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Before leaving, City is given a strange book without an author called Long Division. He learns that one of the book's main characters is also named City Coldson - but Long Division is set in 1985. This 1985 City, along with his friend and love-object, Shalaya Crump, discovers a way to travel into the future and steals a laptop and cell phone from an orphaned teenage rapper called…Baize Shephard.
They ultimately take these with them all the way back to 1964, to help another time-traveler they meet protect his family from the Klan.
City's two stories ultimately converge in the mysterious work shed behind his grandmother's, where he discovers the key to Baize's disappearance.
Customer ReviewsMost Helpful
By Christine on 10-09-16
I found this story gripping. As I usually do, I listen and read a hard copy of the book simultaneously. Layers of meaning and nuance, echoes, appear across the different mediums. I wasn't thrilled with the narrator's voice, which ended up blurring characters more than the story may have intended/required. But it was a tricky story to narrate too, with the different times and same-named characters and similar relationships between those characters. More than anything, the story is alive and moving and makes you think. Awesome piece of writing. Read and listen, listen and read. It's worth it.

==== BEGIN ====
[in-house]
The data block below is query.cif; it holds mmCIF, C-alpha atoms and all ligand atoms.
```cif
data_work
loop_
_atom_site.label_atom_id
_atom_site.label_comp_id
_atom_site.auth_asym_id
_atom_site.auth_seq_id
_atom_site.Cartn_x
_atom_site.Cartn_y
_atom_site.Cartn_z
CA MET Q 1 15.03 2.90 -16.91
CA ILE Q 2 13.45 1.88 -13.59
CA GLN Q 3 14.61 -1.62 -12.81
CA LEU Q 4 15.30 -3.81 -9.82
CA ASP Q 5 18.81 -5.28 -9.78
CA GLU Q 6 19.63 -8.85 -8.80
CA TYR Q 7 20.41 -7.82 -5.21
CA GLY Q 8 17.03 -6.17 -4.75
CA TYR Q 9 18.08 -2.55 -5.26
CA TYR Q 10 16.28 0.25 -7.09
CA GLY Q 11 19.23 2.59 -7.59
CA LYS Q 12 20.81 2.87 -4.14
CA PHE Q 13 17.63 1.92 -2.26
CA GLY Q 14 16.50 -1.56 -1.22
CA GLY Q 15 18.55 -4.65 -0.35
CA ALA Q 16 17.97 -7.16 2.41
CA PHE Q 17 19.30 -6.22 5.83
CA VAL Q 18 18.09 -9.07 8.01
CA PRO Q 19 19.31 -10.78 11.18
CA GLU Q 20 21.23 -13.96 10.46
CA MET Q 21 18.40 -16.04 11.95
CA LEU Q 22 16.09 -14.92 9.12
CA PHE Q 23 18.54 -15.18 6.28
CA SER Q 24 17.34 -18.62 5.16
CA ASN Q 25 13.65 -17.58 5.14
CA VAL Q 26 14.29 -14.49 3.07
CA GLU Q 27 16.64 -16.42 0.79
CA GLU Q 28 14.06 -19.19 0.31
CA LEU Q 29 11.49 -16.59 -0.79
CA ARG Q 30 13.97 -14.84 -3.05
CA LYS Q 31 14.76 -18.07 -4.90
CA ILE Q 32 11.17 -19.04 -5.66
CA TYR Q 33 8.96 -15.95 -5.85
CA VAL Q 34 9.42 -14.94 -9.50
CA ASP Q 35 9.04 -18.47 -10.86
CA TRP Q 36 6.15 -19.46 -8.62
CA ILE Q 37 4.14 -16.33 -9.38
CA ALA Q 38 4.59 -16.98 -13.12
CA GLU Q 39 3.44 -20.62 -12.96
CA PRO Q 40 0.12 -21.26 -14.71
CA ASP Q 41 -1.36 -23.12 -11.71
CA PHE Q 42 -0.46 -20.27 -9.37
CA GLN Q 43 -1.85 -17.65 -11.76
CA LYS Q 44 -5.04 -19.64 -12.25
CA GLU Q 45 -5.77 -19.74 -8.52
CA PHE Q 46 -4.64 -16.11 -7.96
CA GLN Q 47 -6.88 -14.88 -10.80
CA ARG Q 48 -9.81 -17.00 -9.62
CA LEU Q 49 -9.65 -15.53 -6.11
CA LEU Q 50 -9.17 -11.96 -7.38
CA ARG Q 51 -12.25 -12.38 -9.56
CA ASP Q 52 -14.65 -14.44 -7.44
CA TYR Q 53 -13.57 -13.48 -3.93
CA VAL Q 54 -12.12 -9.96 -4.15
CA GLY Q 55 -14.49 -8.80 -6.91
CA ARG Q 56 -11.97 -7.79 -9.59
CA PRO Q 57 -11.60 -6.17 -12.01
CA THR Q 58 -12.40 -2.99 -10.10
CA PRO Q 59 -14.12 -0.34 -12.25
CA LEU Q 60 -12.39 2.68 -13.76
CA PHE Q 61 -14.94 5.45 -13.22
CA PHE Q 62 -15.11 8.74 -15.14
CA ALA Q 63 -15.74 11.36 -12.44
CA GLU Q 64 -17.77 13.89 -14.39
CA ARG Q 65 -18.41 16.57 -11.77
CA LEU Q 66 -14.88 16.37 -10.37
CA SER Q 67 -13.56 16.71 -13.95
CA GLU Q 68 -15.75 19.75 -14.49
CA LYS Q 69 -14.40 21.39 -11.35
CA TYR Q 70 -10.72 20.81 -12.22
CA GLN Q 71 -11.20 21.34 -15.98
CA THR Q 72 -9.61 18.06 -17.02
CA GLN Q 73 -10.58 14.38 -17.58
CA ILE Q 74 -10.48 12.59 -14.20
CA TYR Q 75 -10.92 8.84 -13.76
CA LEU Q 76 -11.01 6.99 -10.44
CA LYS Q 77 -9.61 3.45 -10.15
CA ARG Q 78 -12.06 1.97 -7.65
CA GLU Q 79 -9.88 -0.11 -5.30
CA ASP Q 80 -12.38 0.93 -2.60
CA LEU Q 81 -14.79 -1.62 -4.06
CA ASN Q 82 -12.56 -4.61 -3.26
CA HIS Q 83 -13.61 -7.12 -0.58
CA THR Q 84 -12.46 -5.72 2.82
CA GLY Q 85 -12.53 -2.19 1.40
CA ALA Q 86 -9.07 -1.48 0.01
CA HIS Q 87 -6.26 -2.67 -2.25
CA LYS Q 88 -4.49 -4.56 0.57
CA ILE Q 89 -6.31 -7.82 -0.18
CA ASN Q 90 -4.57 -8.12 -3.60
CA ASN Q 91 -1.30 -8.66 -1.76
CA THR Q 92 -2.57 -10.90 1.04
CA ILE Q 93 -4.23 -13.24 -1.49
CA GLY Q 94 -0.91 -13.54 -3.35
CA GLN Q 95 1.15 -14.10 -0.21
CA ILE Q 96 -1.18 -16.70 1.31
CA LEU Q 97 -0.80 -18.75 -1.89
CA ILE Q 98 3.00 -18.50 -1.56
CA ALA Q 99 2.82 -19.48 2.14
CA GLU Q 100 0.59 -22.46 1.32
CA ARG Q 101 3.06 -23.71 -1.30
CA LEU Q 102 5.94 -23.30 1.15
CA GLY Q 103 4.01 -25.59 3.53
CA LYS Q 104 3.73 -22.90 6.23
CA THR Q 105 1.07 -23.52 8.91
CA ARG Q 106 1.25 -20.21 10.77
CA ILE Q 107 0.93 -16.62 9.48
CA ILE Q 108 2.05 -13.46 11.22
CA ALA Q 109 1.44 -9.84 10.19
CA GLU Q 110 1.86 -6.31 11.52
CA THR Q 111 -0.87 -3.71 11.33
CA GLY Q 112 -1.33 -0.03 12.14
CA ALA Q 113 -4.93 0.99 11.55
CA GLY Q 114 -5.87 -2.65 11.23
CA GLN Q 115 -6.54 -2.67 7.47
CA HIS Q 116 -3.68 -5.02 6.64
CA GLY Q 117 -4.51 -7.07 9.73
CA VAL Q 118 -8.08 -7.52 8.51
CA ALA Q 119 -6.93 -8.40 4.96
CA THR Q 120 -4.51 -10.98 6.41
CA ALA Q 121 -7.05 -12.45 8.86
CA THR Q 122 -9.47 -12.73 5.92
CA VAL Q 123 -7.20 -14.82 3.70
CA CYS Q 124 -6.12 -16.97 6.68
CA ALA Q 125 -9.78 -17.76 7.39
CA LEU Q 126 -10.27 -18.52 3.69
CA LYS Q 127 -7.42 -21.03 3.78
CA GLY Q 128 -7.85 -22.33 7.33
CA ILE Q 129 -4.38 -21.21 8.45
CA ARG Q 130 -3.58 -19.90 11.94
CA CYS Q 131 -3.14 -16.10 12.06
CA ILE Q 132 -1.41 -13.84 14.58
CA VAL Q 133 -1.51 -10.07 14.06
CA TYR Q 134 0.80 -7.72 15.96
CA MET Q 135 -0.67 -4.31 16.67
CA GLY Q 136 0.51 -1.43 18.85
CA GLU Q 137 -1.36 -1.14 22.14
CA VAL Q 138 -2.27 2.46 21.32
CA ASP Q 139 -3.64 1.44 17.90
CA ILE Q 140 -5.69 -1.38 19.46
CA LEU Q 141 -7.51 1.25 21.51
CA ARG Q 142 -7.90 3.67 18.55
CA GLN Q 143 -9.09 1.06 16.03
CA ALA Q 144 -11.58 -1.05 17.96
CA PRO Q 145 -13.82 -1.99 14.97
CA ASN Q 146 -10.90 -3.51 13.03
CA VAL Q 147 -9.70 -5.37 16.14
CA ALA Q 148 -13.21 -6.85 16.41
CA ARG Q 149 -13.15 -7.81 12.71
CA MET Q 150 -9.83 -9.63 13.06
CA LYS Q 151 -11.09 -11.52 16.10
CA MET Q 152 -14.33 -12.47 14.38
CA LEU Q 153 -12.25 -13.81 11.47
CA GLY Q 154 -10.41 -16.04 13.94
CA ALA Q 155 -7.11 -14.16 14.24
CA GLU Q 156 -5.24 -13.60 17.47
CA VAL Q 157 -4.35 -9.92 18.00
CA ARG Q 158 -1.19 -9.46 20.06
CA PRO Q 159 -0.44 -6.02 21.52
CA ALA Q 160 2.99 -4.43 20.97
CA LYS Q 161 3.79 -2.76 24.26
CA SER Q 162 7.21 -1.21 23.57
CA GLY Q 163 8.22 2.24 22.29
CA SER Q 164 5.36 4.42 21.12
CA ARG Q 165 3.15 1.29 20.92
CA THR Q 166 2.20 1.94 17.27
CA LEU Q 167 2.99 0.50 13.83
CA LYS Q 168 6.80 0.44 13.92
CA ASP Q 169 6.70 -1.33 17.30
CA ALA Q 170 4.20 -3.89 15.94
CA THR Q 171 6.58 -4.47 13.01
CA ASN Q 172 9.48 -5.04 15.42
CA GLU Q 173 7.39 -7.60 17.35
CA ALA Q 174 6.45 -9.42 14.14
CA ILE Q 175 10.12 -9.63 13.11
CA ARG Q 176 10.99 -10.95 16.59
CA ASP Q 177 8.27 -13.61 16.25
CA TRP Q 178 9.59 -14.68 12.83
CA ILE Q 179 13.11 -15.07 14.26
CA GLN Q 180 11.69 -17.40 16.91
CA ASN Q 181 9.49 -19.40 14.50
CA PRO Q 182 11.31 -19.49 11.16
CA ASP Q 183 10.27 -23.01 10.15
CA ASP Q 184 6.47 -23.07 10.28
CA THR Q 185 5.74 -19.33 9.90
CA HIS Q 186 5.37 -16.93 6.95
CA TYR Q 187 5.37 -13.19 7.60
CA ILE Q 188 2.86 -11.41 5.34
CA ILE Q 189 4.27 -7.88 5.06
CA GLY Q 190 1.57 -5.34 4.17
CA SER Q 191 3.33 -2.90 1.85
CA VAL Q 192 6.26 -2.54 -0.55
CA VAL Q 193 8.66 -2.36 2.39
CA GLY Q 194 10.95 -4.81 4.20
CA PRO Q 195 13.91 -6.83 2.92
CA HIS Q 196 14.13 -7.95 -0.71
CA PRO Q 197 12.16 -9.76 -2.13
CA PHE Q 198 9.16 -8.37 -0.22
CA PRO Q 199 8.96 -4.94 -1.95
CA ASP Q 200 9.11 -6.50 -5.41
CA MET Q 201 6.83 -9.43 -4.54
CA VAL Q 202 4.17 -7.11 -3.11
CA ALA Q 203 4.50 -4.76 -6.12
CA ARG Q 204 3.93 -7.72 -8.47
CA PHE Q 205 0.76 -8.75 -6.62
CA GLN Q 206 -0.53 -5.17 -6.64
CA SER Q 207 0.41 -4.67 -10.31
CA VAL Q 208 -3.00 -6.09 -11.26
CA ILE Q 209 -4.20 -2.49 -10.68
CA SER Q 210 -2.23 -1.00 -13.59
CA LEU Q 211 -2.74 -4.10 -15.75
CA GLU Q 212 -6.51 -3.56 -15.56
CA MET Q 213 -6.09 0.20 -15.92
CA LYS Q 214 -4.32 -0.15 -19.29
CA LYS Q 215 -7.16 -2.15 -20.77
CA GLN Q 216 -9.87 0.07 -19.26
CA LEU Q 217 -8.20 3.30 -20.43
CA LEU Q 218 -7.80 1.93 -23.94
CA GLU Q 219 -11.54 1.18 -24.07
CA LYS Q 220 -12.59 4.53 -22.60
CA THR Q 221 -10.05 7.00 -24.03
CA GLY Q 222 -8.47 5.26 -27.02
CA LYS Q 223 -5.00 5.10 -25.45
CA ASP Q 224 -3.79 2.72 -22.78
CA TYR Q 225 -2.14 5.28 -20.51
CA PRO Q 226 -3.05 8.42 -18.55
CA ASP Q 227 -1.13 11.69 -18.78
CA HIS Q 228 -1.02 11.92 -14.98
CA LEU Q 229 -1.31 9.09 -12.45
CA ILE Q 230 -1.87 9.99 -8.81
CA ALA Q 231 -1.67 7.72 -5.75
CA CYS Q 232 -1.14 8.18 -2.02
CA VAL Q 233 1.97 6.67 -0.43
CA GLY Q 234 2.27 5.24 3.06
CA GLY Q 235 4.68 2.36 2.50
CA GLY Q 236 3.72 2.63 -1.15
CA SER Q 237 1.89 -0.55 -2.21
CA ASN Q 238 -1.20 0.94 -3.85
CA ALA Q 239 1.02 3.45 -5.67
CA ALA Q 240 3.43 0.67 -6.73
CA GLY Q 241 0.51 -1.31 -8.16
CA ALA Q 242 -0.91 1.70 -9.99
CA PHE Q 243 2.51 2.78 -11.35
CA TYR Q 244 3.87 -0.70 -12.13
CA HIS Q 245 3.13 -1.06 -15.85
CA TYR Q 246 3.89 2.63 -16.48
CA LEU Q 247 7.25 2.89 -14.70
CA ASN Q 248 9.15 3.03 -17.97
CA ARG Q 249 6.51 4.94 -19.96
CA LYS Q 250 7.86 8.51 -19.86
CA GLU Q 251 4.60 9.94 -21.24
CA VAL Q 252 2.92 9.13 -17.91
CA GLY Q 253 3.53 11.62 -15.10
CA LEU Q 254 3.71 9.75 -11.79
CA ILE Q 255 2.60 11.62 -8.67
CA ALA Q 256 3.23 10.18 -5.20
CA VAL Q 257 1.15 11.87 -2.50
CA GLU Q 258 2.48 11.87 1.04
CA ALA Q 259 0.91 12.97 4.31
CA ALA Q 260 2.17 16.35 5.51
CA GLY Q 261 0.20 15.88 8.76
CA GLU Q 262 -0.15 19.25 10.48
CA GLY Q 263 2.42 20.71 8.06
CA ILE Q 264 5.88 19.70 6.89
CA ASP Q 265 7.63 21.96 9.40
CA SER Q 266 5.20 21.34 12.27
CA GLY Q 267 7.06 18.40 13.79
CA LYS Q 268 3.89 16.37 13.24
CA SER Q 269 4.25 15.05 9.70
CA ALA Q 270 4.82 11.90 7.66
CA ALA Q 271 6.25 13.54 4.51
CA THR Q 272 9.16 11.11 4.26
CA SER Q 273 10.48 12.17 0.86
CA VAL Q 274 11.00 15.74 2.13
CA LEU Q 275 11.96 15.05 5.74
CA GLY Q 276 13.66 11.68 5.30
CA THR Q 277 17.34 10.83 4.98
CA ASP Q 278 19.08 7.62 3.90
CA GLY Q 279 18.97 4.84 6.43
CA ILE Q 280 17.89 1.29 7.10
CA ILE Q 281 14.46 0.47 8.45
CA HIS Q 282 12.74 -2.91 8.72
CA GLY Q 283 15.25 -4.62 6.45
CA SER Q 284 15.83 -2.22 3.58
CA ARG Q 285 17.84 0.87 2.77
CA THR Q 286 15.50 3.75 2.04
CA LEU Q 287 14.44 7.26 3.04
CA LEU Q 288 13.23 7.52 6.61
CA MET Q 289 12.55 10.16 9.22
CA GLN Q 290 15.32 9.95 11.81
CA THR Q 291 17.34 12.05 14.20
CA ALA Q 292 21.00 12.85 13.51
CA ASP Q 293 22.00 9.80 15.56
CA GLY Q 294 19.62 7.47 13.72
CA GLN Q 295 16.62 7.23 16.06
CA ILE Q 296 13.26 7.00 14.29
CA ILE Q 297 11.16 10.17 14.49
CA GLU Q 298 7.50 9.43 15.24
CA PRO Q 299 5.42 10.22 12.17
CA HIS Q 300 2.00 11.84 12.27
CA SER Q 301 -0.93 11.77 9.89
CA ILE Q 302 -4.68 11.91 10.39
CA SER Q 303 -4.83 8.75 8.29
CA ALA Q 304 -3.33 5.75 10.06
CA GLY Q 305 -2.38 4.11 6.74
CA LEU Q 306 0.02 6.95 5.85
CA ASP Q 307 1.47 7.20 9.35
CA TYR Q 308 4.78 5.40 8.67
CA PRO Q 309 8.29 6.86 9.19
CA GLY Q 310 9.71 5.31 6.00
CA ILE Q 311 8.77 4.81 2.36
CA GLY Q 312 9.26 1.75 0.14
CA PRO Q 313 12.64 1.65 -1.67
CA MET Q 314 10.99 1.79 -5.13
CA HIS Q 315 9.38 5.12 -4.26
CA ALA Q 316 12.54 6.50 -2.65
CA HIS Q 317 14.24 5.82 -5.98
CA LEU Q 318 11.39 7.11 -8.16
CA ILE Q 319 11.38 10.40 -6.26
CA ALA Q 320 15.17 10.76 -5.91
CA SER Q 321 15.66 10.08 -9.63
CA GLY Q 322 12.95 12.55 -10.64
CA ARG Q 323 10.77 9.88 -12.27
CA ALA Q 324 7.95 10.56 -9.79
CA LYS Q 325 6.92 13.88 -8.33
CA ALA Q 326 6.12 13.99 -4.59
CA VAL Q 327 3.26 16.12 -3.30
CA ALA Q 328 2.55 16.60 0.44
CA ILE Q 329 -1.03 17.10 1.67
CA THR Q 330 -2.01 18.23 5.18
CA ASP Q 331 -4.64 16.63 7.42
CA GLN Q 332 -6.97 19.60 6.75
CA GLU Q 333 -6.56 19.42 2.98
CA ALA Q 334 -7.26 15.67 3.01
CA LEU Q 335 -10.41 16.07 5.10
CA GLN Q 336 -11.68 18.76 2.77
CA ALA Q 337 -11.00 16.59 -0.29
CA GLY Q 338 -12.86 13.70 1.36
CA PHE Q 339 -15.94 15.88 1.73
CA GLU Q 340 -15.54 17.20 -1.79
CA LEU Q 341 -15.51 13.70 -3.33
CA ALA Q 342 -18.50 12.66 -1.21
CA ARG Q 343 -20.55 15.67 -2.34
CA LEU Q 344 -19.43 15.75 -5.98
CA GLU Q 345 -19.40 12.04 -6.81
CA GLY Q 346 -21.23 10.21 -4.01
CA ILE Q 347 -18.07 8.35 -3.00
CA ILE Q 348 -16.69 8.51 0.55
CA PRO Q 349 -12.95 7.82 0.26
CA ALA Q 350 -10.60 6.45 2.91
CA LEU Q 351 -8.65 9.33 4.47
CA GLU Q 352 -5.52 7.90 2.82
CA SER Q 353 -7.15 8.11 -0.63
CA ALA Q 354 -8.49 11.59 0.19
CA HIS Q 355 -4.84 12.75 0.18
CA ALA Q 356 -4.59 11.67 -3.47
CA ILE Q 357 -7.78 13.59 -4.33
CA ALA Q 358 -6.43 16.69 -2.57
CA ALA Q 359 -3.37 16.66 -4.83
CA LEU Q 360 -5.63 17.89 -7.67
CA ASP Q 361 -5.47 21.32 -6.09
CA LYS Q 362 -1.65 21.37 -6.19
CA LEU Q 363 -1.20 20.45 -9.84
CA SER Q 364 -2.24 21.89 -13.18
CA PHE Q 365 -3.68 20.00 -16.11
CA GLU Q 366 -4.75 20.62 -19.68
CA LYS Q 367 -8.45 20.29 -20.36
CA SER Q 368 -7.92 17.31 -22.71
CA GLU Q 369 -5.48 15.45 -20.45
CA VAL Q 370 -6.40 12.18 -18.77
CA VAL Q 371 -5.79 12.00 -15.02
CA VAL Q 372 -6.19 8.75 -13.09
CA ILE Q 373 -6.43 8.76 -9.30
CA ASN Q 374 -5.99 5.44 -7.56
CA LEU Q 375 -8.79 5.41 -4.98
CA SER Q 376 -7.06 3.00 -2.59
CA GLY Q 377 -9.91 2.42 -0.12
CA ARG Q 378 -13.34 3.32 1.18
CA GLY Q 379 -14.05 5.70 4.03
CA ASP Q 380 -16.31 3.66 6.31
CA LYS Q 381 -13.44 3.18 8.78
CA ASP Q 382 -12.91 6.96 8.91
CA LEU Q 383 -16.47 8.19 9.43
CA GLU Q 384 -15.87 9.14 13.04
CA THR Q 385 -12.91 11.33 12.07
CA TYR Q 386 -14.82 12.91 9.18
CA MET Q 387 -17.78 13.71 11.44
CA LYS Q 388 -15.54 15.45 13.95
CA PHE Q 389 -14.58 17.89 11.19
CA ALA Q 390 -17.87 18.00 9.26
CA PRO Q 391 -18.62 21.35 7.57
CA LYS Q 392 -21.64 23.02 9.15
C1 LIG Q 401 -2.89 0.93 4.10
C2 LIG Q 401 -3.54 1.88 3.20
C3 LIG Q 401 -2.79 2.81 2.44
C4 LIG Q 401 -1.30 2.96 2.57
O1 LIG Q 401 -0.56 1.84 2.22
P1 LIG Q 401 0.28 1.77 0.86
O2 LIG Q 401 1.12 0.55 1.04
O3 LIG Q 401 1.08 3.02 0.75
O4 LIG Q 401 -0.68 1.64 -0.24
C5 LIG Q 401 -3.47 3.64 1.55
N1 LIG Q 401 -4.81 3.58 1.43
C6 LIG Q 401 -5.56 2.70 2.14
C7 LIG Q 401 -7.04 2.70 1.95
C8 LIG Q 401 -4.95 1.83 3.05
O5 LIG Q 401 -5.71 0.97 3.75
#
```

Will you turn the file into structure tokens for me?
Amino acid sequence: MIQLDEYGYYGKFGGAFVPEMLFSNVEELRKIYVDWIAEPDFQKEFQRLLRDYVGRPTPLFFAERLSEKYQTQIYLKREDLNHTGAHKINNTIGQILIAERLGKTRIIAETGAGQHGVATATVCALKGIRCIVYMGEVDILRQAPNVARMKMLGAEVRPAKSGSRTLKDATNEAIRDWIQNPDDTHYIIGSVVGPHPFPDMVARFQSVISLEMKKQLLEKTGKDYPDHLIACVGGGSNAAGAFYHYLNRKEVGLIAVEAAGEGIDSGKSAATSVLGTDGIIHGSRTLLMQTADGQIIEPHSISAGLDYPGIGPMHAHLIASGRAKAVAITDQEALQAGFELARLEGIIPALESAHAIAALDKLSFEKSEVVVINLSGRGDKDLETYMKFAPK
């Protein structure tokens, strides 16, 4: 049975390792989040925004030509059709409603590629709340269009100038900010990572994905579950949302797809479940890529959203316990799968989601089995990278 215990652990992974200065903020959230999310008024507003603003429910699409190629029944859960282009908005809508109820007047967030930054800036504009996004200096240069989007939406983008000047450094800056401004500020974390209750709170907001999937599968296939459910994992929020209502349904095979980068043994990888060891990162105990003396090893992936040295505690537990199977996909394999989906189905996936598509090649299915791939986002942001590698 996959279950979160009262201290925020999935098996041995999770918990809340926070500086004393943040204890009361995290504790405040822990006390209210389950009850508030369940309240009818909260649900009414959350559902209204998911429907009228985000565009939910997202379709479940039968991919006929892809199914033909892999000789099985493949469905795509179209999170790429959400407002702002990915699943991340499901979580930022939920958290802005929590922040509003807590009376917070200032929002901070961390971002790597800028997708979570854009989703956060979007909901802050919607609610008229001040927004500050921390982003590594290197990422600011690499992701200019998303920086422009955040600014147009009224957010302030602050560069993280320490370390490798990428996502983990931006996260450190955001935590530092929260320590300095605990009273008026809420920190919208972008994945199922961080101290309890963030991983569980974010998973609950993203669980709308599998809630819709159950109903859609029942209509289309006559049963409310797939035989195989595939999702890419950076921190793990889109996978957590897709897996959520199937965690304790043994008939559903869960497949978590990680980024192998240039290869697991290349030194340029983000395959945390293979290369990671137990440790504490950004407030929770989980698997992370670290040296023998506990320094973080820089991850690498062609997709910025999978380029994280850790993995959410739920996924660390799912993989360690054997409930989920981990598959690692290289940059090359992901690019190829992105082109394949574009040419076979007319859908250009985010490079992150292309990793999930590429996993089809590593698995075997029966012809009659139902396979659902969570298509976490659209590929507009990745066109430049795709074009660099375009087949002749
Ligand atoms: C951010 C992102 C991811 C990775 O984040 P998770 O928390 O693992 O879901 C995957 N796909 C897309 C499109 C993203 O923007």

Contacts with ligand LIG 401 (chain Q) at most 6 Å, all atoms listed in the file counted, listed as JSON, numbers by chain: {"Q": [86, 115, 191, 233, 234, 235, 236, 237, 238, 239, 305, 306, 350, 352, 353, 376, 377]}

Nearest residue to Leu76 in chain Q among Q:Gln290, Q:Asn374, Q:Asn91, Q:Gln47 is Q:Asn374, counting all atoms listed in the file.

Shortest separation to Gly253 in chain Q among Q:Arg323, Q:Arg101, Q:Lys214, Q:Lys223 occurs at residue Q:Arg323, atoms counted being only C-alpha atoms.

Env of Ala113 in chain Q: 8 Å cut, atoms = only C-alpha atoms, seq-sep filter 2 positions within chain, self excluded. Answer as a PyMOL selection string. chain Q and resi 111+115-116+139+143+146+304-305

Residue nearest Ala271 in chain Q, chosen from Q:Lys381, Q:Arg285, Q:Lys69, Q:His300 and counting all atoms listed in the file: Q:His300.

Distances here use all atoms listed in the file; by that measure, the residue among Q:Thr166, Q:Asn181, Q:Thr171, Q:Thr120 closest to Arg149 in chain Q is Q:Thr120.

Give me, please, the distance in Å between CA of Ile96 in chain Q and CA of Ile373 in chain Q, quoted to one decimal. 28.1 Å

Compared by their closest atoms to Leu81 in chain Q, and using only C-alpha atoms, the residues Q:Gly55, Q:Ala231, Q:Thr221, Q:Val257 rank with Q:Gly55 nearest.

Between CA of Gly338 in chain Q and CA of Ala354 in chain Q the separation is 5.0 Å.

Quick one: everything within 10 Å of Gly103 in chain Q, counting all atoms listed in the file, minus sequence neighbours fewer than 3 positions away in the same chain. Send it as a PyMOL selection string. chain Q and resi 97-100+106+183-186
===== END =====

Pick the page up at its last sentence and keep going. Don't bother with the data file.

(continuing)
1 of 1 people found this review helpful
By Mark on 01-25-14
Like someone telling you a long crazy dream
Any additional comments?
I was really looking forward to this book after the chapter in Laymon’s essay collection about the trials he had to go through to get it published. It’s about a black boy in Mississippi who finds a book that tells a parallel story about a black boy with the same name (and friends and family) but in a different year. There’s a hole in the woods that allows time travel, the Klan, family secrets revealed, and a few interesting discussions of race (and a bit about gender). (There’s a black man who gets killed by the Klan after making a come-on to a 16-year-old white girl. Of course, killing him was an evil but a female character notes that it’s messed up for a grown man to be talking that way to a girl.) Anyway, by the end, I was frustrated with it and I realized why: It’s just like when someone goes on and on and on about a crazy dream where all these fantastical and nonsensical things happen — it’s interesting to them but not to anybody else.
4 of 7 people found this review helpful